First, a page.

Before I go on to how to do the same thing for methods – and virtual functions – two quick notes on this:

Inheritance, polymorphism, and pointer-demotion

First, as part of how its polymorphism works C++ will automatically “demote” any pointers when calling a function expecting the parent class:

/* this works in C++ : */ 
void foo(Geometry *) { ... }

void bar(TriangleMesh *mesh) { .... foo(mesh); ...}

In ISPC, that same code won’t work, because even though a Mesh “acts” the same way as a Geometry it still isn’t a geometry from the type system. As such, you actually have to do this manually by either type-casting, or by passing a reference to the actual inhertied base class:

/* this is how it works in ISPC */
void foo(Geometry *uniform) { ... }

/* this C++ equivalent will *NOT* work: */
void bar0(TriangleMesh *uniform mesh) { ... foo(mesh); .... }

/* this *will* work */
void bar1(TriangleMesh *uniform mesh) 
{ ... foo((Geometry *uniform)mesh); ... }

/* this will *also* work */
void bar2(TriangleMesh *uniform mesh) 
{ ... foo(&mesh->super); ... }

Inheritance – and the need for discipline

A second note on this concept of inheritance is a personal “recommendation”: Be very, very careful, because with all the manual typecasting you take away any sort of error checking from the compiler… so this may easily lead to “funny” errors. There are, however, ways of making this easier – for example, in the above example the second solution (bar2) is somewhat less prone to errors than the bar1 – not much, but somewhat.

Second, we also learned (the hard way, of course) that a good – and above all, consistent – naming scheme is super important, in particular if the code grows in complexity. Initially, in OSPRay every hierarchy used a different name – one used “parent” for the inherited members, some used “geometry” or “volume”, some used “super”, some “inhertied”, etc – and keeping that straight turned into a nightmare. Today, we consistently use “super”, and that saves a lot of headache. The same topic will come up below.

Methods and “this”

In C++, you can add a method right into a class, which is very useful. Again, you can’t do that in ISPC, but if you look at it closely enough, a “method” – at least a non-virtual one – is nothing other than a static function with an implicit “this” that points to the class that this method lives in. As such, to emulate:

/* method in C++ */
class Sphere : public Geometry { 
   box3f getBounds();
   vec3f center; float radius; 
box3f Sphere::getBounds() 
{ return box3f(center-radius,center+radius); }


struct Sphere { vec3f center; float radius; };

uniform box3f Sphere_getBounds(Sphere *uniform self)
{ return make_box3f(self->center - make_vec3f(self->radius),
                    self->center + make_vec3f(self->radius); }

Before we go on, again a few notes: First, there’s no method definition, because ISPC simply can’t do that.

Second, the biggest difference you’ll see is that the implicit “this” of the C++ variant is gone, and is replaced with an explicit variant of this (which we called “self”) – and we have to explicitly prefix each member access with this “self->” thing. But though somewhat more ugly, it does the trick.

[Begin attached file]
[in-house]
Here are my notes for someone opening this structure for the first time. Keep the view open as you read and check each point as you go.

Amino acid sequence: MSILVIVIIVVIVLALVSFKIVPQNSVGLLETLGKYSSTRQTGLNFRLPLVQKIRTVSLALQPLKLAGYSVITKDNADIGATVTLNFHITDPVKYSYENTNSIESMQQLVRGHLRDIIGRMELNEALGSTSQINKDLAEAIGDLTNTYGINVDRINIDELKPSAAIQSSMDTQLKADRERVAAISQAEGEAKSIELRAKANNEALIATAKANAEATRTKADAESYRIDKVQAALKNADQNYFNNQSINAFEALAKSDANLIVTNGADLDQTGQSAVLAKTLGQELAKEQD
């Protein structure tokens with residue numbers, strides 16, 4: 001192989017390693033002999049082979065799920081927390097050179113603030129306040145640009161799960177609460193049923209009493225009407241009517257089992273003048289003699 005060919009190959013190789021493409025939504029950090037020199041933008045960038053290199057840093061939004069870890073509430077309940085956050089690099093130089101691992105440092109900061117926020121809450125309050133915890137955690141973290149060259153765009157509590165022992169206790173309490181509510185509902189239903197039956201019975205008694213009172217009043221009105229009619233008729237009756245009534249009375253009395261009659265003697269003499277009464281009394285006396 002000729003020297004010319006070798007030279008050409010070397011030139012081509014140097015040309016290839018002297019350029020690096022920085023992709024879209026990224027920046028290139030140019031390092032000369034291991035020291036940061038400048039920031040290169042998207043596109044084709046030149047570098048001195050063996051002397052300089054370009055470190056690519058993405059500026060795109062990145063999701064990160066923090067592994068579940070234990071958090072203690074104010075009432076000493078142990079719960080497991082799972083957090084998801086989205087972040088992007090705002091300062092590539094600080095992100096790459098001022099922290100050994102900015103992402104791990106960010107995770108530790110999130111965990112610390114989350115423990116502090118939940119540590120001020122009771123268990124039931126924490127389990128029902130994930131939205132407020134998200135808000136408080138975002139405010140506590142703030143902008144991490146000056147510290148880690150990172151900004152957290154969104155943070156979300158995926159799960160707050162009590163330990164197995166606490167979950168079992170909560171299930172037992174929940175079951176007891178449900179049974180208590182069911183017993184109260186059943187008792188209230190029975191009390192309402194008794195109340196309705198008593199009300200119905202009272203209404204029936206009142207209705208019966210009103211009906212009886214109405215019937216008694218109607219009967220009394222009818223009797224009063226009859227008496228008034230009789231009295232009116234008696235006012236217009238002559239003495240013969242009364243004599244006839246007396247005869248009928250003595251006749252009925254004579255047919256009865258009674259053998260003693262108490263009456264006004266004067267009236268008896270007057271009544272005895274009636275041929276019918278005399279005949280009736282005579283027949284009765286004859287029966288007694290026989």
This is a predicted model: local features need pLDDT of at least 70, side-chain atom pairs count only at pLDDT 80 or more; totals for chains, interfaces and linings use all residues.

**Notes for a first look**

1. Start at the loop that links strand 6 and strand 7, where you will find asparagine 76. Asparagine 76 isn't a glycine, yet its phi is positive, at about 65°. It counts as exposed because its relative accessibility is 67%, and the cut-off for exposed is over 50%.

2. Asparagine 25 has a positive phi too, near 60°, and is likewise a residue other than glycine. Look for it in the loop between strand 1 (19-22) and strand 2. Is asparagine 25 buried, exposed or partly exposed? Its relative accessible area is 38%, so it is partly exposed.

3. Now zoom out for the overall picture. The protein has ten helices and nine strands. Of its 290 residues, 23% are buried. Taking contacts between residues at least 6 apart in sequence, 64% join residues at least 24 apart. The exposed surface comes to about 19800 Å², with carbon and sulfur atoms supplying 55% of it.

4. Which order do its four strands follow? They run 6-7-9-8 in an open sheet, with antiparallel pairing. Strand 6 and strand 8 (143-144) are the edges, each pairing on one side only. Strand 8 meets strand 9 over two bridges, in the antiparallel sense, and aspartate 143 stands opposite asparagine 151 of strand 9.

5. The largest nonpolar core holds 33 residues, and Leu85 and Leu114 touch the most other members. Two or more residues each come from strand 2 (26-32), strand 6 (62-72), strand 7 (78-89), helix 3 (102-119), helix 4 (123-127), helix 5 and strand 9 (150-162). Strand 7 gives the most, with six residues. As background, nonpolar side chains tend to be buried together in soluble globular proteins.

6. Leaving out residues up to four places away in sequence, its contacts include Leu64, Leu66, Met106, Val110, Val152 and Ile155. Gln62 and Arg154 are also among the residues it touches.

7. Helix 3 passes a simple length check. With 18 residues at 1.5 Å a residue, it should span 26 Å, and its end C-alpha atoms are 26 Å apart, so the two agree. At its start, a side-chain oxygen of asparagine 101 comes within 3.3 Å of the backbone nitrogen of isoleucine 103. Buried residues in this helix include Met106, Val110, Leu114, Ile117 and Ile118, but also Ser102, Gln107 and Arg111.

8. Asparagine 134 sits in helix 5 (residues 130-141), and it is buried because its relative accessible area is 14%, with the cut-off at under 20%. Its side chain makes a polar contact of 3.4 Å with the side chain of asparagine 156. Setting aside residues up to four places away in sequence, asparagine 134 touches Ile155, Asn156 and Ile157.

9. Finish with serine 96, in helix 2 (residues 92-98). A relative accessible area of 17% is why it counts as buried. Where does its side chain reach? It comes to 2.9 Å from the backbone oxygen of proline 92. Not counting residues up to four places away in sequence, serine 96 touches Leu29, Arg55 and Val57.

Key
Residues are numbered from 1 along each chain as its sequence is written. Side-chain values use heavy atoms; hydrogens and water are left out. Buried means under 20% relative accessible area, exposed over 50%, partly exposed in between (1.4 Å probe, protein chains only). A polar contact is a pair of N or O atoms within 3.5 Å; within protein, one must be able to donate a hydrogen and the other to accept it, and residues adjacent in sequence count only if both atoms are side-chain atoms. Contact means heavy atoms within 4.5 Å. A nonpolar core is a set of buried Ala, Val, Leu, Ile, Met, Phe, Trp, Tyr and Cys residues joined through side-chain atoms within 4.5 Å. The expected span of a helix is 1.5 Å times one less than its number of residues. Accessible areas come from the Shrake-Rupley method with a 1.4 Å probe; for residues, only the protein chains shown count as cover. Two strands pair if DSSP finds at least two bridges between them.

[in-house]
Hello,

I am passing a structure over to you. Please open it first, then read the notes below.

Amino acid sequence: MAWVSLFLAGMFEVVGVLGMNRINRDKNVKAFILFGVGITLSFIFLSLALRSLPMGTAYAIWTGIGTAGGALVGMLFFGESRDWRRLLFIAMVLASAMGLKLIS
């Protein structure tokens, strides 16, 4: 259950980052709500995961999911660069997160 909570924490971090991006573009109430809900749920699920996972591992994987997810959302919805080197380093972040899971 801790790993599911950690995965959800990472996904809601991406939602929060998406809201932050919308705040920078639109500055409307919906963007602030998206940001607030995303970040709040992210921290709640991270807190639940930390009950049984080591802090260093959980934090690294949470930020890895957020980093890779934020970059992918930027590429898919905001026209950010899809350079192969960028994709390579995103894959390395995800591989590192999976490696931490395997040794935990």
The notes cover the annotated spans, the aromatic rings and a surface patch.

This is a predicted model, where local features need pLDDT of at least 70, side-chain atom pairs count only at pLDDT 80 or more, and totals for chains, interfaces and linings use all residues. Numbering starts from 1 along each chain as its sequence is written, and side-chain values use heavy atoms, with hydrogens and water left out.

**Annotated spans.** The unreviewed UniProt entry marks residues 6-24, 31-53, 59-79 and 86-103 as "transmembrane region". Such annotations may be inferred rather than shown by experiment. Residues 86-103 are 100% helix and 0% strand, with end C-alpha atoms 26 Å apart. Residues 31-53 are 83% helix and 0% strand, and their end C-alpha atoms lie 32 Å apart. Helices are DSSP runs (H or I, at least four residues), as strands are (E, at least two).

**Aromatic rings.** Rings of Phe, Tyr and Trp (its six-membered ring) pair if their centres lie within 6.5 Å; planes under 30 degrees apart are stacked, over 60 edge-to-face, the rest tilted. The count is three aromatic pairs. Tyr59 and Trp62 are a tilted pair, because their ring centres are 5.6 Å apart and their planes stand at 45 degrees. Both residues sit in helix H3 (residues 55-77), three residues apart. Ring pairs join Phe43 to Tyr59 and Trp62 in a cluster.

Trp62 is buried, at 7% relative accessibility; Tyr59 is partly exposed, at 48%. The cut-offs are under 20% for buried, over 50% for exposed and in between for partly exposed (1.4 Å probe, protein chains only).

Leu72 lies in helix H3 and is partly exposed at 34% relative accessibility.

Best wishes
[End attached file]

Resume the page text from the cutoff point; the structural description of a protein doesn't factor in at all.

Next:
Third, one thing that does require some attention is the use of “uniform” vs “varying”: It is actually pretty important whether “self” is a uniform or a varying pointer, or a pointer to a uniform or a varying base class. Though my own research compiler equivalent could handle this fact (and automatically generate code for all variants), in ISPC you can’t, so you may eventually have to end up writing at least two variants of this method – one with a uniform ‘self’ pointer, and one with a varying. That may be cumbersome, but it works.

One final note on method: Just like for inheritance, I can’t over-emphasize the importance of good and consistent naming. Initially we used all kind of schemes and names (“self”, “this”, “sphere”, “geometry”, “_THIS”, are all examples we used at various times) all over the place, and again, that turned into a mess. In the end, we always use “self”, and always use it as the first parameter … and switching to this has been very useful indeed.

Virtual Methods

Now that we have inheritance and methods, let’s go on to the really intersting stuff, which is “inheriting functions” – also known as “virtual functions”. Once again looking at how virtual functions actually work in practice, they’re nothing other than a function pointer to a method (which we now know how to do) that is inherited from the base class (which we now know how do to, too). So, let’s slightly extend our C++ example:

/* virtual example in C++ */
class Geometry { 
   virtual box3f getBounds() = 0;
class Sphere : public Geometry {
   virtual box3f getBounds() override;
   vec3f center;
   float radius;
box3f Sphere::getBounds() { return box3f(center-radius ....); }

In ISPC, we first have to define a function pointer for the Geometry::getBounds() function – which is a method, and as such needs an implicit ‘self’, which in this case has to be pointer to a geometry:

struct Geometry {
   uniform box3f (*getBounds)(Geometry *uniform self);

Note this doesn’t actually declare a function itself, and thus can’t take a function body – it merely states that this geometry will contain a pointer to a function/method with the given signature: a “self” (which happens to be a geometry) going in, and a box3f going out. We still have to write this function (like we’d have to do in C++), and – unlike C++ – have to actually set this function pointer to the right function – so before we talk about inheritance and “overriding” this function, let’s briefly insert the topic of “constructors”.